The Public Sector, sometimes referred to as the state sector is owned and run by the state (government) for their citizens. Their aim is to provide services needed by the citizens, regarless of income or wealth, for example health and education. These organisations are funded through taxation. The organization of the public sector can take several forms, including:
These include such services as defence, national health service, social security, prisions, police, universities.
These include primary & secondary education, refuse collection, libraries, social services, council housing, parks and sport facilities
Non-profit sectors, the organisations in which fall into this category are different to both the private and public sectors, which has main objectives of turning a profit. Instead non profit organisations e.g. charitable organizations, trade unions and public arts organizations do not distribute its profits to shareholders or owners but use the money to meet goals.
Ownership is the quantitative difference between for- and not-for-profit organizations. For-profit organizations can be privately owned and may re-distribute taxable wealth to employees and shareholders. By contrast, not-for-profit organizations do not have private owners. They have controlling members or boards, but these people cannot sell their shares to others or personally benefit in any taxable way.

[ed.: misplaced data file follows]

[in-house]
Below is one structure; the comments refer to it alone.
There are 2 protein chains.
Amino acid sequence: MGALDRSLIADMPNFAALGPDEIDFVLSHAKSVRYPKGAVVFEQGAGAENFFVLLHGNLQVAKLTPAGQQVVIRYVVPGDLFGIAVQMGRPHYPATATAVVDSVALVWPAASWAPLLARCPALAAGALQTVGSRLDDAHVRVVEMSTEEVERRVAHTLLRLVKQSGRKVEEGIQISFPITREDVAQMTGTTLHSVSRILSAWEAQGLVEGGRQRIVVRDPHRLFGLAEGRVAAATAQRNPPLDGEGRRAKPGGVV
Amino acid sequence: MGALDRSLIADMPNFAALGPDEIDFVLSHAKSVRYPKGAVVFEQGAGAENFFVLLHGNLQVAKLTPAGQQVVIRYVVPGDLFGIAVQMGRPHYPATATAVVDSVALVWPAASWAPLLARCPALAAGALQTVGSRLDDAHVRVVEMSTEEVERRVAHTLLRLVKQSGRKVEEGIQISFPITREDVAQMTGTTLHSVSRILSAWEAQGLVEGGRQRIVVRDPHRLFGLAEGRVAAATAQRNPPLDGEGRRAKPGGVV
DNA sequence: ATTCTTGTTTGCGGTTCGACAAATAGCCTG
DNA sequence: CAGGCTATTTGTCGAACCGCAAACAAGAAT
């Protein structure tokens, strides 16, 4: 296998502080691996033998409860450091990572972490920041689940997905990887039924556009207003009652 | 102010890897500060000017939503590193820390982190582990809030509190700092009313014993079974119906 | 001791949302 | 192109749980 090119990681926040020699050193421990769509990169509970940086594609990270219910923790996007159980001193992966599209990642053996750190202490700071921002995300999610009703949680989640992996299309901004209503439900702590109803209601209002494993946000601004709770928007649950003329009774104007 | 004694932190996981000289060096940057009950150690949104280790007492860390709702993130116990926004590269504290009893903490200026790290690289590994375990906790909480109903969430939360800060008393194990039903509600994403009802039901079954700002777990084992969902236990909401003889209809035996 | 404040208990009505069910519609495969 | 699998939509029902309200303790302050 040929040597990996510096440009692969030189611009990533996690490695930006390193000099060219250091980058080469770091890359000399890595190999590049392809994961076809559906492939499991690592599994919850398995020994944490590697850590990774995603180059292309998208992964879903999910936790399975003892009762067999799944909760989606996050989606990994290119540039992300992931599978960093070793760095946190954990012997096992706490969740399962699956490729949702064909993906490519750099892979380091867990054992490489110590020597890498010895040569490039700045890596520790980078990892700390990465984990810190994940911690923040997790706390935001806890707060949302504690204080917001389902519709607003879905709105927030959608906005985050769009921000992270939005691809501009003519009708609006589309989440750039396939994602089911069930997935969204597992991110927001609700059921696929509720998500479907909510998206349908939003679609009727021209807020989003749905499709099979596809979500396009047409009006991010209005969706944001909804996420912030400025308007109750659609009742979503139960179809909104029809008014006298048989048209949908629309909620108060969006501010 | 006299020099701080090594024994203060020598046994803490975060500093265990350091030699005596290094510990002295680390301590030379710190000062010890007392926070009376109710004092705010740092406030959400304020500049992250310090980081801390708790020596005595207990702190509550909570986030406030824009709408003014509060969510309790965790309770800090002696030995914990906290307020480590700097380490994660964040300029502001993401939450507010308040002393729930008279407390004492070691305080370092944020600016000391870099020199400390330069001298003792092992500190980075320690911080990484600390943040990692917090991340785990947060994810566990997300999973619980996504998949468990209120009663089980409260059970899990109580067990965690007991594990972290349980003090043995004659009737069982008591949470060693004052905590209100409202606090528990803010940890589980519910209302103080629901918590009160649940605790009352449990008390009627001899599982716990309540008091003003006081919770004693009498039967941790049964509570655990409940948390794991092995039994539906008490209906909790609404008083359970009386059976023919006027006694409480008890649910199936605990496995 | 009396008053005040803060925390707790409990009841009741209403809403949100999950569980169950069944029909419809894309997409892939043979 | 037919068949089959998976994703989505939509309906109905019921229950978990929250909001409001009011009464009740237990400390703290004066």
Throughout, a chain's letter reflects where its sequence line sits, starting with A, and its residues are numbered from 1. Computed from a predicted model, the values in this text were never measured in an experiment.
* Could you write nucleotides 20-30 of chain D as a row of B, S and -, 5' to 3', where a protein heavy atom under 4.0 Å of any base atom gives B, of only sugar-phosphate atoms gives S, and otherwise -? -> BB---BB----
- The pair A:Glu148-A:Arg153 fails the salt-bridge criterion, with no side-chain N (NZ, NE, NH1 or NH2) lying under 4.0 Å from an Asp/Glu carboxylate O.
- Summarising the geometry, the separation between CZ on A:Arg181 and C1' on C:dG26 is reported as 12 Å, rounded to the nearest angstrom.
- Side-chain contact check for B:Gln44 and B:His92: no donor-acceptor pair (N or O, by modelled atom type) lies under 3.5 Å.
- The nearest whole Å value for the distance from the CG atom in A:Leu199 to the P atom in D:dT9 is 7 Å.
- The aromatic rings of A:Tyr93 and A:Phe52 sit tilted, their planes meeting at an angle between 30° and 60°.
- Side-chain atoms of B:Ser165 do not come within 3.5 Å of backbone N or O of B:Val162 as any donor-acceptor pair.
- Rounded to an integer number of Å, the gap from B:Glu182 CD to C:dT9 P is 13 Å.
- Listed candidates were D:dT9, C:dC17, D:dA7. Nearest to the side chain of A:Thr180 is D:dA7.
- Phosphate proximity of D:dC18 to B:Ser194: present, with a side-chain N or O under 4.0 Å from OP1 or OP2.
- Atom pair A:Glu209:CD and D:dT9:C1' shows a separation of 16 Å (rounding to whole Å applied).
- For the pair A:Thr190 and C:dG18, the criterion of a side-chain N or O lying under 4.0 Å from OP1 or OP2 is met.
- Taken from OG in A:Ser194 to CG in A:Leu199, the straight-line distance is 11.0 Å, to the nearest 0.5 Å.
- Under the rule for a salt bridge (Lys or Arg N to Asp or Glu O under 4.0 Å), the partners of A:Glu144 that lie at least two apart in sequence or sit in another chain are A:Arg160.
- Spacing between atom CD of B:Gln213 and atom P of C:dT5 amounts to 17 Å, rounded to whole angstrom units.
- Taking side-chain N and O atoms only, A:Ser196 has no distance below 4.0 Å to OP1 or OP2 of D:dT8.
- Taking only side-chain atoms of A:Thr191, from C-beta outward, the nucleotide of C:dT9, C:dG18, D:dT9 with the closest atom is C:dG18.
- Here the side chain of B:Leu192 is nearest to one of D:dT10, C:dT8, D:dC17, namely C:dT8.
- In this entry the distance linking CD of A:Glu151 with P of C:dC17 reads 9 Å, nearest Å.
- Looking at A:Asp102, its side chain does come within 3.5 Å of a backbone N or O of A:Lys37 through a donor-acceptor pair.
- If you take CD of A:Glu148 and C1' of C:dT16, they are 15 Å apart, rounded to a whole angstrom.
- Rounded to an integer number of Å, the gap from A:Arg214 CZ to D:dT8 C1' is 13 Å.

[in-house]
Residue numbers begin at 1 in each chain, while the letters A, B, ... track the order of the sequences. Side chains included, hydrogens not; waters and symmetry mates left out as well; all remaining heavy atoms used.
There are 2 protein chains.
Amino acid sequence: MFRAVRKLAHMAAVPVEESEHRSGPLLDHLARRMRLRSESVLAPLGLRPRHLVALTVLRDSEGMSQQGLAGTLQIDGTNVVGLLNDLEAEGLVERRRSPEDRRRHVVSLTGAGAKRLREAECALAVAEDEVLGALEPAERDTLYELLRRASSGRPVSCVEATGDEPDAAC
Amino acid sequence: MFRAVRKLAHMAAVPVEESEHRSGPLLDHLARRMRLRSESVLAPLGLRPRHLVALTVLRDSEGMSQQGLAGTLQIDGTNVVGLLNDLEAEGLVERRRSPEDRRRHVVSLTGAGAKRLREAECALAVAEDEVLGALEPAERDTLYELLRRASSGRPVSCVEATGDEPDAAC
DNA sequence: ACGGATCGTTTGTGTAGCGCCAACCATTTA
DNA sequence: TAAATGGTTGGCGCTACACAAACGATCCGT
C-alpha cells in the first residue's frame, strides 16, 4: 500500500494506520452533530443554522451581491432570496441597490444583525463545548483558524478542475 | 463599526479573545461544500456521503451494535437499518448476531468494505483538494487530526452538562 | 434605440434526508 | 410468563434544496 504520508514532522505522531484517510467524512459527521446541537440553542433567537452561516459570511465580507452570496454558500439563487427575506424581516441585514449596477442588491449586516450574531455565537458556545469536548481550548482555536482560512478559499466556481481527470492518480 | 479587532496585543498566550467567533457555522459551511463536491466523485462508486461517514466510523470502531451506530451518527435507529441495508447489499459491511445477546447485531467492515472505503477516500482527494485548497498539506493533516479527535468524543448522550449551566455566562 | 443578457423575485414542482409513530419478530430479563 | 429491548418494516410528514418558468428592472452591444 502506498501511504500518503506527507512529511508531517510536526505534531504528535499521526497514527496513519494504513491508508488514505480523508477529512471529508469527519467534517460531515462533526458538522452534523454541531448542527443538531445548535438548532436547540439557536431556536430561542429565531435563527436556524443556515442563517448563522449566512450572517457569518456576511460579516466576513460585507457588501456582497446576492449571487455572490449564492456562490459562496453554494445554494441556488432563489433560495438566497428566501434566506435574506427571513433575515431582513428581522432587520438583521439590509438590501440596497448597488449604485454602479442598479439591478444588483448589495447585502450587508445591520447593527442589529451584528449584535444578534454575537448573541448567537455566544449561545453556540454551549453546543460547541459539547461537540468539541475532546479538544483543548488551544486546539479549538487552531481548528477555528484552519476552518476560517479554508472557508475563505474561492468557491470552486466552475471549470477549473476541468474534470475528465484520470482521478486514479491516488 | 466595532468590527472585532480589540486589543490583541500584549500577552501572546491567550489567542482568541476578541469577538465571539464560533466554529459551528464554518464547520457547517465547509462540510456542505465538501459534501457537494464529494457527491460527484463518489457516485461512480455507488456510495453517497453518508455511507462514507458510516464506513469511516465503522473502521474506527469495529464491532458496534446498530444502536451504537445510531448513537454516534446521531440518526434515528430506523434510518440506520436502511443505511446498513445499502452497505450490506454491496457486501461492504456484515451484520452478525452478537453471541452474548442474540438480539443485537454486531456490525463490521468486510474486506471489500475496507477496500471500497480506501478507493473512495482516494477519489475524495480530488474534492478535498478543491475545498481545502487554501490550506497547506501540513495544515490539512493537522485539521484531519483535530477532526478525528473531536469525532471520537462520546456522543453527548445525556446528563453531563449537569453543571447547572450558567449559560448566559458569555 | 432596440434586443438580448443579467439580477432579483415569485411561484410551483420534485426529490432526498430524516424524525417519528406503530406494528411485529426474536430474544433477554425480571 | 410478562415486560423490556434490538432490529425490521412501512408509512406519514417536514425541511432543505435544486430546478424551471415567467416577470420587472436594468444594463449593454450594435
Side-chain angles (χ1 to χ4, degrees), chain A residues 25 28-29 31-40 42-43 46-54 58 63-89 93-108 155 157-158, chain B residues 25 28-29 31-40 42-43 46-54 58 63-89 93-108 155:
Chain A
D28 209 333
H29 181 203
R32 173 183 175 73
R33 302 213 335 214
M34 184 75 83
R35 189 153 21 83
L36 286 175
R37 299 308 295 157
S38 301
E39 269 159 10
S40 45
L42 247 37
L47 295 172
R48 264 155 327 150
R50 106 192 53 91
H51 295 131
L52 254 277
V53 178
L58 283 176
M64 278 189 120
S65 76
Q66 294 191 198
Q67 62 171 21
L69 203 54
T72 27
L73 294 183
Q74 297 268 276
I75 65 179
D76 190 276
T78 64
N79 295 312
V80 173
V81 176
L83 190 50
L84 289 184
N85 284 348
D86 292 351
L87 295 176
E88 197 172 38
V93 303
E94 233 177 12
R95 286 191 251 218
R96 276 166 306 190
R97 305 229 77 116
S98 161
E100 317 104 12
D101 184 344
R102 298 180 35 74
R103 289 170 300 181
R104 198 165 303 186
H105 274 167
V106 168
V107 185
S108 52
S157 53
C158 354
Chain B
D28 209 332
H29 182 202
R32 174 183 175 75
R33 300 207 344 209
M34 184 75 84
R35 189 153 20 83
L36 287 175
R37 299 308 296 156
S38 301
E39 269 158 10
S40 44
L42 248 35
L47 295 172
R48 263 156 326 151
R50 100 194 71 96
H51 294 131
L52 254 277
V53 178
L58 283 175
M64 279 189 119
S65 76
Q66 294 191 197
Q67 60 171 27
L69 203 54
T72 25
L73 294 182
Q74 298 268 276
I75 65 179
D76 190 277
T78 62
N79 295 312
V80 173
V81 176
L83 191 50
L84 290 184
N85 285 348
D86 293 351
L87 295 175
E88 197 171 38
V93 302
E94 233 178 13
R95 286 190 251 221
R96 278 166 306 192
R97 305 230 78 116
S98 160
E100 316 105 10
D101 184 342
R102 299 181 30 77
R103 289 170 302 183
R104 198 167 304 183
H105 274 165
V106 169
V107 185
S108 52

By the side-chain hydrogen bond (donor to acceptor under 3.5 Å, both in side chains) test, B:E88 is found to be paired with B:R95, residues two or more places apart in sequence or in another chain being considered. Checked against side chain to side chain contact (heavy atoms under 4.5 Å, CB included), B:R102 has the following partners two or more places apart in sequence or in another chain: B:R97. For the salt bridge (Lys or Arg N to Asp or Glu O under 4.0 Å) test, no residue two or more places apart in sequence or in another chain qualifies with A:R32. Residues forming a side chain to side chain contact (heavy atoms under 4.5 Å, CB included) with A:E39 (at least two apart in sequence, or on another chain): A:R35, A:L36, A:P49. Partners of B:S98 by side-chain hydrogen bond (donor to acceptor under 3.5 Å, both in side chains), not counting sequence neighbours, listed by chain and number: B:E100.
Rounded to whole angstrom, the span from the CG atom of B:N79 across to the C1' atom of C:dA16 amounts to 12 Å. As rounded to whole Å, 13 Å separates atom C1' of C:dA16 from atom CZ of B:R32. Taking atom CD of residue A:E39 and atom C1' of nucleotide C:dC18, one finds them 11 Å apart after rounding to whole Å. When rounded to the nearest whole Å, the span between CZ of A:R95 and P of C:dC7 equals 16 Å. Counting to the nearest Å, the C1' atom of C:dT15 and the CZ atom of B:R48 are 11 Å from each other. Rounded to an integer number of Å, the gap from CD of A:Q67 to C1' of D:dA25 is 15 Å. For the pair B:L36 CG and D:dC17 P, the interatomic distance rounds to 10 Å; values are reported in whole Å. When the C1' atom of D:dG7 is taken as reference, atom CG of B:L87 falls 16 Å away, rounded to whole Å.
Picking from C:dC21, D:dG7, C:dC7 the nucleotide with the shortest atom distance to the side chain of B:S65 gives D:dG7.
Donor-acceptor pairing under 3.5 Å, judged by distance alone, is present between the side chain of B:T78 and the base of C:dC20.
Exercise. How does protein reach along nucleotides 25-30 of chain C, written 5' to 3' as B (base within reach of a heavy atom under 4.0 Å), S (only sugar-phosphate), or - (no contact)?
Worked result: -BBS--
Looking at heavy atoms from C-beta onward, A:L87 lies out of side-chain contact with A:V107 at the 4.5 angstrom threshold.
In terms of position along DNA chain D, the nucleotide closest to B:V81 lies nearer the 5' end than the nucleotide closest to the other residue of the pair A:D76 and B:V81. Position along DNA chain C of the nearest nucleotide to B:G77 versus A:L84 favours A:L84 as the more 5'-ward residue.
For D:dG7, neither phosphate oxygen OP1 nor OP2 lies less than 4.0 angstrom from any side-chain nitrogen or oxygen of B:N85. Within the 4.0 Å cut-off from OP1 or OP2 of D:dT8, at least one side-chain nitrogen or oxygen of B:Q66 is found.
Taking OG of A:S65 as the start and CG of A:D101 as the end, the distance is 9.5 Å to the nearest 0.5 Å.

While non profit organisations are able to turn a profit known as a surplus, finance earned are retained by the organisation for its self-preservation, expansion and future plans. They are in most countries exempt from income and property taxation.
Marketing is the function of the business that is responsible for understanding customer needs and developing the right products, setting the right price and promoting and distributing products in the right way. Marketing ensures what is being provided is always a want and need.
Market research new product development
Purchasing functions objectives are to buy at the most economic order the right quantity and quality for the right price from suppliers who are reliable and provide a good service. Through this they can ensure they can provide their organisation with an uninterrupted flaw of materials and services for company operations. They also have to find reliable alternative sources of supply.